This post is a brief follow up to The education trap.
The original interest in the economics of education came about because, among other things, of work on the causes of growth that suggested that economic growth was faster than could be explained by simple factor of production analysis. Further analysis linked this to increased education increasing the productivity of both labour and capital.
At the same time, research attempted to measure individual returns from education, showing a significant correlation between greater education and higher income. In turn, this led to policies designed to make students pay for education; HECS is an example. Part of the personal return from education was captured by progressive taxation, part by fees that people paid now and in the future.
One of the difficulties in the evolving policy approaches lay in the presence of externalities, benefits from education to the nation that were not directly reflected in salaries.
It was in the national interest to invest in education if it provided national benefits. It was equitable that students should pay a proportion of the economic benefits they gained. But how to strike a balance between the two? Puts student costs too high and national benefits would suffer.
The problem of externalities carried over into training. It was in a firm's interest to have a well trained workforce. However, staff moved. A firm that invested in training bore the full costs, while other firms benefited from that training as staff moved. Under profit maximisation, the greatest returns came from low training expenditure instead recruiting those trained by others.
Economists call this the free rider problem. If all firms followed the same approach attempting to free ride all firms would suffer. Governments responded by trying to compel firms to invest in training, while still extracting a return from students.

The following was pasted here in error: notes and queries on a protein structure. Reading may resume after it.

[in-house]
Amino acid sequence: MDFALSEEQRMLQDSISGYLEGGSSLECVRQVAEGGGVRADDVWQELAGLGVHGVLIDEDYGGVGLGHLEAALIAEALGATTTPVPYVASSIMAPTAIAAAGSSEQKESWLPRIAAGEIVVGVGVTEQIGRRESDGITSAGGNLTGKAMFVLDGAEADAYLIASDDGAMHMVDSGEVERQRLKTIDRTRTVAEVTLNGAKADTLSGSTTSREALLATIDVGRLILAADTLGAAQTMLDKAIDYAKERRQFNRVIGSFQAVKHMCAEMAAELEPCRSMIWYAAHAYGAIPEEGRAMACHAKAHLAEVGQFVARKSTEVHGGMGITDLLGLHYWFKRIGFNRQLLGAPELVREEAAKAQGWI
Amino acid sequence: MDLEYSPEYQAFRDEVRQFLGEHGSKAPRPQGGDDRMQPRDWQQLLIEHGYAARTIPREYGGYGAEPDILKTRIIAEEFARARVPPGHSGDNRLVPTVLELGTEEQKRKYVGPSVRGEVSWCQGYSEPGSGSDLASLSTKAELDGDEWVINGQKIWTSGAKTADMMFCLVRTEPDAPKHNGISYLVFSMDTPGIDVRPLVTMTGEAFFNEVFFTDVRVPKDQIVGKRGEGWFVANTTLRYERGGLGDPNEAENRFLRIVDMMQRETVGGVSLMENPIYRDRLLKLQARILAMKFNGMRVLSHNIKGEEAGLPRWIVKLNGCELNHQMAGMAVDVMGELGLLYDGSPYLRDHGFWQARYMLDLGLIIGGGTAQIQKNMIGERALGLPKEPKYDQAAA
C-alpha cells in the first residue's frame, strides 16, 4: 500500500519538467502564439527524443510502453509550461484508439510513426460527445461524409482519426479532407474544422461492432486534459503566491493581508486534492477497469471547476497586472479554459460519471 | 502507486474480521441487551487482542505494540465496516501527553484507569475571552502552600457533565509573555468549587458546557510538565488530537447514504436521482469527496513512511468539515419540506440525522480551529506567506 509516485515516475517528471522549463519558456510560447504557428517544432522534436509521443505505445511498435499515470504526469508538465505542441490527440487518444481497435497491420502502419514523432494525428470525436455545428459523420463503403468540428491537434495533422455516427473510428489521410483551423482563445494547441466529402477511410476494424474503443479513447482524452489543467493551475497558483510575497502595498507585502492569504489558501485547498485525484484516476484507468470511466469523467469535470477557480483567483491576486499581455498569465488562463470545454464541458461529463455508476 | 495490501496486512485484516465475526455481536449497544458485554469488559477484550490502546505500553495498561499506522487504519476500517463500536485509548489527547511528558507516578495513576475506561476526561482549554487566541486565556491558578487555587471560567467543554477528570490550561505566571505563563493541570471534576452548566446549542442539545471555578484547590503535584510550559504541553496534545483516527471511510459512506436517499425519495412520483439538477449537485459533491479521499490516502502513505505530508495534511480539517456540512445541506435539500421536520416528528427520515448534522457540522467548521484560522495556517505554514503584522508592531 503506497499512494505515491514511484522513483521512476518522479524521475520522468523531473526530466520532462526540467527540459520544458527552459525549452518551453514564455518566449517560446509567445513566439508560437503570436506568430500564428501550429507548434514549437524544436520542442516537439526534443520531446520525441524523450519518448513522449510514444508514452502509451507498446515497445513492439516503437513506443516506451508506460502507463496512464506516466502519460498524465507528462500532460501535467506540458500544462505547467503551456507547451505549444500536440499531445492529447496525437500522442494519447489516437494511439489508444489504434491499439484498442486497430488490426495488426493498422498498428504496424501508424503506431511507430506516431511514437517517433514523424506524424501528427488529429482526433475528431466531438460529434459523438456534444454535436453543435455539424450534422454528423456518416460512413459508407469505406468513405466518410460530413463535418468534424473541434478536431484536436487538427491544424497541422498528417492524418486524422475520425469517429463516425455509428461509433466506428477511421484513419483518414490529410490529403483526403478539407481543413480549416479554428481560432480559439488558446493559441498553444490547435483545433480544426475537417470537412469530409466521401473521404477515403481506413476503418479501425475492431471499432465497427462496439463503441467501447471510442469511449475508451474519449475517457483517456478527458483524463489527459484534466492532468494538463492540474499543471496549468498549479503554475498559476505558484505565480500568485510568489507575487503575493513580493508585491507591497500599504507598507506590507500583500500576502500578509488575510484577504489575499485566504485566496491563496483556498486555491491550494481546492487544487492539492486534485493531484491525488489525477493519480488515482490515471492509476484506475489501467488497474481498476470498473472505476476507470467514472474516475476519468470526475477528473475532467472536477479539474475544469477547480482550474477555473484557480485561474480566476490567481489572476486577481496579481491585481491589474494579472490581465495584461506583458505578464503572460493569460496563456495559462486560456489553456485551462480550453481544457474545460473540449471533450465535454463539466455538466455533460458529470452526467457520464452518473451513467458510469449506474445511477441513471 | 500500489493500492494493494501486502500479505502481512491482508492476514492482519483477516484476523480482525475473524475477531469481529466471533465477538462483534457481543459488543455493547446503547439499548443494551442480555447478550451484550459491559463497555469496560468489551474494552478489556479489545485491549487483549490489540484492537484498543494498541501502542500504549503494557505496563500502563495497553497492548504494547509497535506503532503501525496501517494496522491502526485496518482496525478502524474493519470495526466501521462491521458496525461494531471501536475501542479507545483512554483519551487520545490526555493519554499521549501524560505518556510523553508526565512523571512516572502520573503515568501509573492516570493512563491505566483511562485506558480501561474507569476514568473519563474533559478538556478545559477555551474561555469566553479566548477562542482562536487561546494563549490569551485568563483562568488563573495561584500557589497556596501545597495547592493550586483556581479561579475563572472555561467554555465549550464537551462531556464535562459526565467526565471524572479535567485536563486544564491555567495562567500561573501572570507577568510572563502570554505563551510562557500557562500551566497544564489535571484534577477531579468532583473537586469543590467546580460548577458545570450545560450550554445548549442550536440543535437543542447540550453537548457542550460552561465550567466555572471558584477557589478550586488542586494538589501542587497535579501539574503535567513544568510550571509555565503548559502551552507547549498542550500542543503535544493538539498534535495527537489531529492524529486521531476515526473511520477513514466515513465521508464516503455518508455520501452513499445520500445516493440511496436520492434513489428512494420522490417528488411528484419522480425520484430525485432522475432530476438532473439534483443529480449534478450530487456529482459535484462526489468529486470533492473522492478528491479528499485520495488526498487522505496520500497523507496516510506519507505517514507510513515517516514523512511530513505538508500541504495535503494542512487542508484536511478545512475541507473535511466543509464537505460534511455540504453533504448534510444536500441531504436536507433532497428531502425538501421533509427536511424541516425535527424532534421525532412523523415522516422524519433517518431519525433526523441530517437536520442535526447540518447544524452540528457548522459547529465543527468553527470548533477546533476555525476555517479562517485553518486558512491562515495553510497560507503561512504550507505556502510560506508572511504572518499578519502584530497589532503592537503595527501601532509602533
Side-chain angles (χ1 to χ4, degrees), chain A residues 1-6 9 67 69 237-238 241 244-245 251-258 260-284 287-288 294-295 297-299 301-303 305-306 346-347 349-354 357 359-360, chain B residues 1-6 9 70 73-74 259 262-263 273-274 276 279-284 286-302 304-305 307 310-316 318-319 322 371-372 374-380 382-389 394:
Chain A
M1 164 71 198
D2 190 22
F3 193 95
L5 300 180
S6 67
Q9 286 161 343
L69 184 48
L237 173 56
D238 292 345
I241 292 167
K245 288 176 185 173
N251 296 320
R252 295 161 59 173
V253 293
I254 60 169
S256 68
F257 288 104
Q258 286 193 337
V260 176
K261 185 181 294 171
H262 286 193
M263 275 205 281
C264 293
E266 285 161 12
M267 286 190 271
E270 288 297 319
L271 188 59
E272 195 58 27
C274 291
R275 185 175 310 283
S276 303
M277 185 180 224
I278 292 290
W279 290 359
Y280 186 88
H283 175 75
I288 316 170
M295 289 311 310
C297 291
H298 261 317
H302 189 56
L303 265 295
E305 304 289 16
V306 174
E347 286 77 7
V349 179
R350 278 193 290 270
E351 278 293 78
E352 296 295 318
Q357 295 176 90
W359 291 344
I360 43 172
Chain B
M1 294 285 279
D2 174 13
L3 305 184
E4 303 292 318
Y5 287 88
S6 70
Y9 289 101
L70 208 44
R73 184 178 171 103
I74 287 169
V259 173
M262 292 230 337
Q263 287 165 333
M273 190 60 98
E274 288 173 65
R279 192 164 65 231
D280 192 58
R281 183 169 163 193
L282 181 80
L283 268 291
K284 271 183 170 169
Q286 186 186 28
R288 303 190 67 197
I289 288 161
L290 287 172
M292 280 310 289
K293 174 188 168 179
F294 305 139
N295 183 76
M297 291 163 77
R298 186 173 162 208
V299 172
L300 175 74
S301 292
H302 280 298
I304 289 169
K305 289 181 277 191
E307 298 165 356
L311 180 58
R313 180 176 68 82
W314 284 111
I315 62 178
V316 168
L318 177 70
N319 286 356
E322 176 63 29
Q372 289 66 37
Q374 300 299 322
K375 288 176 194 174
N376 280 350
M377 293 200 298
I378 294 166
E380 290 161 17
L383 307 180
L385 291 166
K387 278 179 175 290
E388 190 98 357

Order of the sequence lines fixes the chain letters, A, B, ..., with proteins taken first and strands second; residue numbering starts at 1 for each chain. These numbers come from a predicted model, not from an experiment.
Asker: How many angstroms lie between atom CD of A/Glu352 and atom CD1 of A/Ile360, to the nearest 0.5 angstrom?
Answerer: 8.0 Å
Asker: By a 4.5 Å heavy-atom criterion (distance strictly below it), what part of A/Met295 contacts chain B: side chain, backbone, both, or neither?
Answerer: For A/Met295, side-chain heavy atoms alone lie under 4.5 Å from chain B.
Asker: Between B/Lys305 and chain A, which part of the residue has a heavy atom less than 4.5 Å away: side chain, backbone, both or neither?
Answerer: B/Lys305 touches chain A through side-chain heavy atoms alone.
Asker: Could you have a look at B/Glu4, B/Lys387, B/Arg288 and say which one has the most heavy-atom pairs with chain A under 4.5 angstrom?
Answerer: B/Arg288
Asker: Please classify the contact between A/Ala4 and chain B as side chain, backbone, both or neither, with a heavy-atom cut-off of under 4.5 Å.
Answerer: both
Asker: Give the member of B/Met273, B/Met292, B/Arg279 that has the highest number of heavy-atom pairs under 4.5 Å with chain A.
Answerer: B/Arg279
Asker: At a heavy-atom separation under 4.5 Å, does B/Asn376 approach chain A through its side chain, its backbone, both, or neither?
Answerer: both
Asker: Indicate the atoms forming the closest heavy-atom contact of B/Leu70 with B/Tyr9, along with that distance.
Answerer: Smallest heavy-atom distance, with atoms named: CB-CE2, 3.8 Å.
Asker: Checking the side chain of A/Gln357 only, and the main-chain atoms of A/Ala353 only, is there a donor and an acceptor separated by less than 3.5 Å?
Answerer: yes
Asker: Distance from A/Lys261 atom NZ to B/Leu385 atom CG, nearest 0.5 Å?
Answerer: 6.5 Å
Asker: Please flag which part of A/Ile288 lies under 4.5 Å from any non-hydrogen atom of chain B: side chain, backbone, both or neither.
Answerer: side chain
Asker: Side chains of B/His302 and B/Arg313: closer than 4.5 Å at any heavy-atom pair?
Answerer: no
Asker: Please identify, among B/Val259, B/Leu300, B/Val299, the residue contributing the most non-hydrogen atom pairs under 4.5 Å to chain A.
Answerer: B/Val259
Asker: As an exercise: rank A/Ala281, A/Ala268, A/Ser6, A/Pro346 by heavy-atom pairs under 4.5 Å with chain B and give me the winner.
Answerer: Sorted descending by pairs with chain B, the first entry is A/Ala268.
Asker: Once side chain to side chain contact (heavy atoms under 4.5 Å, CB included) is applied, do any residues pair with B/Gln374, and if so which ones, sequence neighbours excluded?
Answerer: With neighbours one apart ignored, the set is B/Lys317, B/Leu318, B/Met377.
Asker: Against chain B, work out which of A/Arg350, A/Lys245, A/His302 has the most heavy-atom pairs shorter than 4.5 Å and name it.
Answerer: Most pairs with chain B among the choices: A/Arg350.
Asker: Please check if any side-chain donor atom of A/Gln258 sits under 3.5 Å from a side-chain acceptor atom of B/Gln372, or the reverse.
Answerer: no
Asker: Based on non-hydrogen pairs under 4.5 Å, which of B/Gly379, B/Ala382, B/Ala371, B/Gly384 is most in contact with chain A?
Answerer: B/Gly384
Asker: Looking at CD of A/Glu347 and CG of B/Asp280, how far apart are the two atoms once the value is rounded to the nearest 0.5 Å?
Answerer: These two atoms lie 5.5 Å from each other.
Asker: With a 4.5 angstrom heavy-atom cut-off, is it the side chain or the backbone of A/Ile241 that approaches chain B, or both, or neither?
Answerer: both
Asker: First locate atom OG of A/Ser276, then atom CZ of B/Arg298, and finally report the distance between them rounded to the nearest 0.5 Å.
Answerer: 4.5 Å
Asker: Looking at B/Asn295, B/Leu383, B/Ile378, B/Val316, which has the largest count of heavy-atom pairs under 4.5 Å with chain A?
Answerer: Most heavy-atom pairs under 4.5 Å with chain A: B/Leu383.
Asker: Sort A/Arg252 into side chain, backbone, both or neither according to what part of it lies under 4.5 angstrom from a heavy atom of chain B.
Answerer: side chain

Both the labour and education markets are highly imperfect. Both students and governments make judgements about the value of particular education and training that may or may not pay off. The lead times in education and training are such that short term ism nearly always fails.
One core objective of the 1980 Dawkin's reforms was to free up the education marketplace. Those reforms were driven by the narrow rigidities built into Australia's industrial system. An industrial relations and performance problem drove educational change. Sadly, the result was an increase in market rigidities with an ever increasing proliferation of rules.
One key and sad result is that the proportion of the labour marketplace requiring a formal ticket expanded. In turn, this distorted economic analysis because returns from education became increasingly based on barriers to entry.
If you limit the higher paid, and sometimes not so highly paid, areas of the economy to those with formal tickets, if you reduce the area of the economy occupied by those without tickets, if you then compare incomes of those with tickets to those without, you will get a result that shows a positive return from education. In fact, you are really measuring the return from the barriers to entry that you have created.
To my mind, Australia's education and training system has become a rigid mess that no longer delivers the desired benefits.